Sourcing a human transcription of a vital certificate when the certificate itself cannot be viewed online?

Cook County, Illinois vital certificates are a decent example of what I'm inquiring about.  On a standard database with images for genealogical research, the images of these certificates are are not made available to the researcher.  However, human transcriptions of them are available on these websites (websites like FamilySearch, Ancestry etc.).

Seeking pointers on how to build a full reference note for these types of transcriptions.  My only copy of EE is 3rd edition revised.  Thanks so much in advance!

Submitted byEEon Tue, 08/31/2021 - 19:34

Ryan have you seen QuickLesson 19: Layered Citations Work Like Layered Clothing?   The section "Database entry describing files in a collection, created and offered by an online provider" seems to cover what you are generically describing.

This same basic format appears in the QuickStart Guide on the gray pages tucked into the front your edition of EE.

Incidentally, the details provided in a database would not be called a "transcription." Check EE's glossary for a definition of "transcription." At best, what most databases provide are extracted tidbits.

Submitted byRyanNon Wed, 09/01/2021 - 12:04

Elizabeth, thank you again!

I am 100% in agreement on the necessity of adding a note under certain circumstances, as you describe in your article:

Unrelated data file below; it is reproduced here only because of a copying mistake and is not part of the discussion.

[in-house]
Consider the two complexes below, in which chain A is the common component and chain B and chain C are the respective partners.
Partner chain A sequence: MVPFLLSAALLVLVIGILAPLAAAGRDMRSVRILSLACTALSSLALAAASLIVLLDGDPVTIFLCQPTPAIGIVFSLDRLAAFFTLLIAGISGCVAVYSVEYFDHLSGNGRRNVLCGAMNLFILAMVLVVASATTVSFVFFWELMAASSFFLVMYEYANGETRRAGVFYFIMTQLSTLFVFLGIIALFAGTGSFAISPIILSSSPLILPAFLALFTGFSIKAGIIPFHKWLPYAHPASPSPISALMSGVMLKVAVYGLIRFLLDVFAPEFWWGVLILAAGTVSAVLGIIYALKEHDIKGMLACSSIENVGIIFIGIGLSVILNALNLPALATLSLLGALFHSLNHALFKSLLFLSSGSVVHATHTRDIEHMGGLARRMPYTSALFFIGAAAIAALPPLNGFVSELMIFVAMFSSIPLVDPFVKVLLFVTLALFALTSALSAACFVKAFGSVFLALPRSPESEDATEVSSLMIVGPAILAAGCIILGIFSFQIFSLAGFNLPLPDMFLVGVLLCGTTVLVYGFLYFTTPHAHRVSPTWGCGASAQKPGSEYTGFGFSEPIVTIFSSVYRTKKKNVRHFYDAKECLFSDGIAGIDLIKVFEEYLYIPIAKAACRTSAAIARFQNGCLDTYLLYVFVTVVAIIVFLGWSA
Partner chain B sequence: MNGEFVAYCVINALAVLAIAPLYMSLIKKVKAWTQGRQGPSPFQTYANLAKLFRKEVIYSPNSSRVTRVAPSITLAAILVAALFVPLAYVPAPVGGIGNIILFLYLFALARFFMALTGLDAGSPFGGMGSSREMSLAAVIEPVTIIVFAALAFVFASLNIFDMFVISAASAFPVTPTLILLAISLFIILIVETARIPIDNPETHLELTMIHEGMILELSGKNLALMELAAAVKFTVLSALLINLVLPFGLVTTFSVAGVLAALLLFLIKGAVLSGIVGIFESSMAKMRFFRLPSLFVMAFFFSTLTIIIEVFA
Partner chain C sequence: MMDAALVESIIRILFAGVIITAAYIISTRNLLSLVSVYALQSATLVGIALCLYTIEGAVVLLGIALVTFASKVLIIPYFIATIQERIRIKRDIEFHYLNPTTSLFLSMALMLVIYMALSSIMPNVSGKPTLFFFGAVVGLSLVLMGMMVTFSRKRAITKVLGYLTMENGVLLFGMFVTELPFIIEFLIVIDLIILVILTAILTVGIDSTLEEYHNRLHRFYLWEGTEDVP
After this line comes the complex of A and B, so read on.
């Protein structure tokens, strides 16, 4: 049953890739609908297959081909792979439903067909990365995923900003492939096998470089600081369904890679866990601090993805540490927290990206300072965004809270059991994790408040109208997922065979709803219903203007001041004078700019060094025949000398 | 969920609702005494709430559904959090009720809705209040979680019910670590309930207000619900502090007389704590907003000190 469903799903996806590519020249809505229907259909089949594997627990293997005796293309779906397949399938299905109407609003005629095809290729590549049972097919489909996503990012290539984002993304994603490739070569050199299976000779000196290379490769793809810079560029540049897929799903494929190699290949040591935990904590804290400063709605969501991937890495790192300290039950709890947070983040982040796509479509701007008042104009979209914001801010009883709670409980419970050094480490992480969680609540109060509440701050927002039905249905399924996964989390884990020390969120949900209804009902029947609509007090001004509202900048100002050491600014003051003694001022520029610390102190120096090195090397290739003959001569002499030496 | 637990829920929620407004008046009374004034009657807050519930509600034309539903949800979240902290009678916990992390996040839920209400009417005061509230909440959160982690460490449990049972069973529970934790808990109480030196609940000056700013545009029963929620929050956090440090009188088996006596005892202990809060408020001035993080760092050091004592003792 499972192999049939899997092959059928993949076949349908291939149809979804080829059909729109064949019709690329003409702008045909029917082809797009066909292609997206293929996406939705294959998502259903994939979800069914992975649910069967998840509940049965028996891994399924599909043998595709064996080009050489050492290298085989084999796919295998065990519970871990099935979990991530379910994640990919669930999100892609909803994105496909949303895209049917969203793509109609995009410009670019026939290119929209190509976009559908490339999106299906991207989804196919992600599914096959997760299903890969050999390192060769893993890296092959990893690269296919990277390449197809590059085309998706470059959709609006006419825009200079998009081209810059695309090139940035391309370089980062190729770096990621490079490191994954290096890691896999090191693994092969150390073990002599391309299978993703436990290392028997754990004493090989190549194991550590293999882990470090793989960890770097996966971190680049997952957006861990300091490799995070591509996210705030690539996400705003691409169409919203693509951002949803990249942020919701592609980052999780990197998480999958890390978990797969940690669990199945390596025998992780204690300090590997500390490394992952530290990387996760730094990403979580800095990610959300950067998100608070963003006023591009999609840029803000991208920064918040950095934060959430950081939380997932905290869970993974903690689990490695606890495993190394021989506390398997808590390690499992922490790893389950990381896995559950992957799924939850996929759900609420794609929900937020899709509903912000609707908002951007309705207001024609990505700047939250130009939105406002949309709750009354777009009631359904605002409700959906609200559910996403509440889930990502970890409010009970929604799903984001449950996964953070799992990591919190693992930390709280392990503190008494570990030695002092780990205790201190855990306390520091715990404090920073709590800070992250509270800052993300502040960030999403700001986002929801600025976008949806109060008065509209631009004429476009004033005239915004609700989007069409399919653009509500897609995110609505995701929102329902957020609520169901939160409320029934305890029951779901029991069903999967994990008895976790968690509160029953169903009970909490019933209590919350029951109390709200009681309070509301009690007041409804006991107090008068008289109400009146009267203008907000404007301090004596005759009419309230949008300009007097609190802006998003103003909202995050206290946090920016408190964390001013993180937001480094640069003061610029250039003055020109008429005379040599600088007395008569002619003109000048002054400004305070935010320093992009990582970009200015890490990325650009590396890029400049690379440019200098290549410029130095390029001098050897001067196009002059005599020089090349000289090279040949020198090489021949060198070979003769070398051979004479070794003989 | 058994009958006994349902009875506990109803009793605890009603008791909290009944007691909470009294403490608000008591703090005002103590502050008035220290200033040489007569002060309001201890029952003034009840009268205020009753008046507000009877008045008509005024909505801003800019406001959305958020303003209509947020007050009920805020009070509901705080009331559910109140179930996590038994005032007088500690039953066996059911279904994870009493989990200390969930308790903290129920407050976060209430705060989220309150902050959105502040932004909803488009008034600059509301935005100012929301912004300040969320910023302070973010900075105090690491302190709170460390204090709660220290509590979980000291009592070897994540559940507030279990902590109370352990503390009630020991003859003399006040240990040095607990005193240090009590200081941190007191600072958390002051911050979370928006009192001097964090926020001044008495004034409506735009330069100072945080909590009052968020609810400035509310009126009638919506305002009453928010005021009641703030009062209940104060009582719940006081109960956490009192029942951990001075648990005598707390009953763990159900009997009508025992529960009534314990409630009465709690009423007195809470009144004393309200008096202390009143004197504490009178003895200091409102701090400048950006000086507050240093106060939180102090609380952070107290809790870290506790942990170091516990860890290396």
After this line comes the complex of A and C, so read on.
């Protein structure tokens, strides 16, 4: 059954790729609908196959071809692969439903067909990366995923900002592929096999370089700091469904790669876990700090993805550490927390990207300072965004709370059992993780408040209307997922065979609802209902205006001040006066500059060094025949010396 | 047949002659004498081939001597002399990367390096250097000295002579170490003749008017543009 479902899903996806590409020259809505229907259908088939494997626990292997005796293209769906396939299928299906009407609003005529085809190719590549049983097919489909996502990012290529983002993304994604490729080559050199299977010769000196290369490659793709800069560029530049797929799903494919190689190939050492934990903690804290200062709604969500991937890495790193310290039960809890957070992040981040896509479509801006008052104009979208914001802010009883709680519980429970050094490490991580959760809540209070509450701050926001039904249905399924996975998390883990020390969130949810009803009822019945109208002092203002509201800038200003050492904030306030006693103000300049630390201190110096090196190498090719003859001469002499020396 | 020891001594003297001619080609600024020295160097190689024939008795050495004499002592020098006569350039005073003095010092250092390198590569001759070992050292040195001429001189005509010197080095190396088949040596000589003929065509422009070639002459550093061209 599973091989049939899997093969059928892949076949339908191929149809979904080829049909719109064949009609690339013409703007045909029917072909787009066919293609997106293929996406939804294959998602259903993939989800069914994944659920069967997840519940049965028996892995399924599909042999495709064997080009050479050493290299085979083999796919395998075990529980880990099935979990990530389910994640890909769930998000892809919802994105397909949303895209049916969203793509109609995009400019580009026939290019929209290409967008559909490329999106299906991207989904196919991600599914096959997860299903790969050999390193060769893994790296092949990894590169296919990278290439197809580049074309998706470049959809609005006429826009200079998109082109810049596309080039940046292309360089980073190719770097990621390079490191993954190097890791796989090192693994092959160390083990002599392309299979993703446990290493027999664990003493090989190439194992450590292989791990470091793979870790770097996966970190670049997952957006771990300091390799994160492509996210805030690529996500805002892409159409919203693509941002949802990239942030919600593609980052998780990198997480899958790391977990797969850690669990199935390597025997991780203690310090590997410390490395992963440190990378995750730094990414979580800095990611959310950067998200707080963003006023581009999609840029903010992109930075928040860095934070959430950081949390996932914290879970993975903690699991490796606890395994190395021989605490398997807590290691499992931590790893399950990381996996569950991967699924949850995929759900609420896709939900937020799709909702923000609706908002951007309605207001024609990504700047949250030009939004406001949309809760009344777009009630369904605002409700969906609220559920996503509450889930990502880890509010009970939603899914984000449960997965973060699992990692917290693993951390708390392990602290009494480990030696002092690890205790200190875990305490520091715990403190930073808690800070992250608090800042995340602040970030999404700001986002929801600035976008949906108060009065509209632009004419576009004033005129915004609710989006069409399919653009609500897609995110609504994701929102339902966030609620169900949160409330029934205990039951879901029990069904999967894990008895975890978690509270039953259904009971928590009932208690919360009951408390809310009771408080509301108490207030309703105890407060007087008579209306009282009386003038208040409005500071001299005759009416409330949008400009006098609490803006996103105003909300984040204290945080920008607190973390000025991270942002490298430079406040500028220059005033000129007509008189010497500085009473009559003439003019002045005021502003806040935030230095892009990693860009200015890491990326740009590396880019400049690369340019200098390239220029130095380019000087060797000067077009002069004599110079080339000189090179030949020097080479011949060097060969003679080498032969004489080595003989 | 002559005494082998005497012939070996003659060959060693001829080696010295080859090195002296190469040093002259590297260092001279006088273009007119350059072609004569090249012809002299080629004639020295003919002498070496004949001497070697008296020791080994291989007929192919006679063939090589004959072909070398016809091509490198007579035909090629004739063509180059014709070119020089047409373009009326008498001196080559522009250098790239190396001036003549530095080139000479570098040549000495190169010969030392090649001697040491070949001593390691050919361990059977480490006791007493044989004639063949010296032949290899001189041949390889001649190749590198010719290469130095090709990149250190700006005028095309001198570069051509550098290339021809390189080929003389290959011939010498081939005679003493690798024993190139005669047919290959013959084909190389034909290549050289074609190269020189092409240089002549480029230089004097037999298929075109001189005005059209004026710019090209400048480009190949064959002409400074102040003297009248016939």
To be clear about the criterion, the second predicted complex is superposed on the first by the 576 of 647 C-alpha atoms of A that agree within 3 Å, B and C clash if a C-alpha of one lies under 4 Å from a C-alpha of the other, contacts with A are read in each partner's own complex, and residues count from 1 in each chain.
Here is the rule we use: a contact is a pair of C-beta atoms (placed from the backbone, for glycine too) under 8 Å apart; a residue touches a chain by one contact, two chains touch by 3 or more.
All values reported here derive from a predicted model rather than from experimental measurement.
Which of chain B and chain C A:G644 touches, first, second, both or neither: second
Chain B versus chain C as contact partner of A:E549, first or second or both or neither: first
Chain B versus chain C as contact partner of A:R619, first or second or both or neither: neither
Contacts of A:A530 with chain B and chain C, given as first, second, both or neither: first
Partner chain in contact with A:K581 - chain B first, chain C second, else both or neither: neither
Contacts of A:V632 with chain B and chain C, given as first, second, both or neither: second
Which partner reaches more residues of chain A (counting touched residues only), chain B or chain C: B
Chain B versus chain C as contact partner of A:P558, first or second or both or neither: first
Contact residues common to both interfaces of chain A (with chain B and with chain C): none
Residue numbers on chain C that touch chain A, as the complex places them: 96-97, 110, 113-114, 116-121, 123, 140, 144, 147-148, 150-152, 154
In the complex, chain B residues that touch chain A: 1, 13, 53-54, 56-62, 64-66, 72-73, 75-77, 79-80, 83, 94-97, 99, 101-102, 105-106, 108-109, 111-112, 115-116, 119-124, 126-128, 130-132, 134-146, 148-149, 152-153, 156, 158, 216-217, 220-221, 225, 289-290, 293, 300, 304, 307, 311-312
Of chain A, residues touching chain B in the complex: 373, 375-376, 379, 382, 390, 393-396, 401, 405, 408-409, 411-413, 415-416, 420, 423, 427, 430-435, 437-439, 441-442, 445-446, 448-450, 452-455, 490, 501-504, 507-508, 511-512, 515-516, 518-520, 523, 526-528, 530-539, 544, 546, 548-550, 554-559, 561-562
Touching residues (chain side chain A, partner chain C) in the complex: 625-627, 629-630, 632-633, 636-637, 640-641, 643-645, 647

• a layer to create our own description of the source or an analysis of its reliability

You probably already know this; the staff at FamilySearch refer to the process of human-copied fields from within historical records that are specific to individuals as "deep indexing."  In a nutshell: volunteers, staff and/or contractors type on a keyboard in an effort to replicate, in verbatim, information in certain fields that appear on the original document.  Although the persons engaged in this "deep indexing" process are indeed granted digital images of the original documents (usually, in the form of scanned microfilm images), the rest of us, are not.  The subscriber therefore ends up with a human-created replicant, rather than online access to a scan of the document we wish to cite---but cannot see. 

But all that aside, the bottom line, is this: the keyboard-created record described above, that emerges from this "deep indexing" process, is a record prone to human error---and because of that---this type of record absolutely requires a note from the author of the citation.  (I will noodle how I will word that.)

Thanks again!

Submitted byEEon Thu, 09/02/2021 - 09:44

Yes, the "deep indexing" is helpful.  But indexing or extracting and reformatting result in much loss of context and juxtapositions, as well as omitted details. Reliable research is definitely as much about context and supporting details as it is about "a name."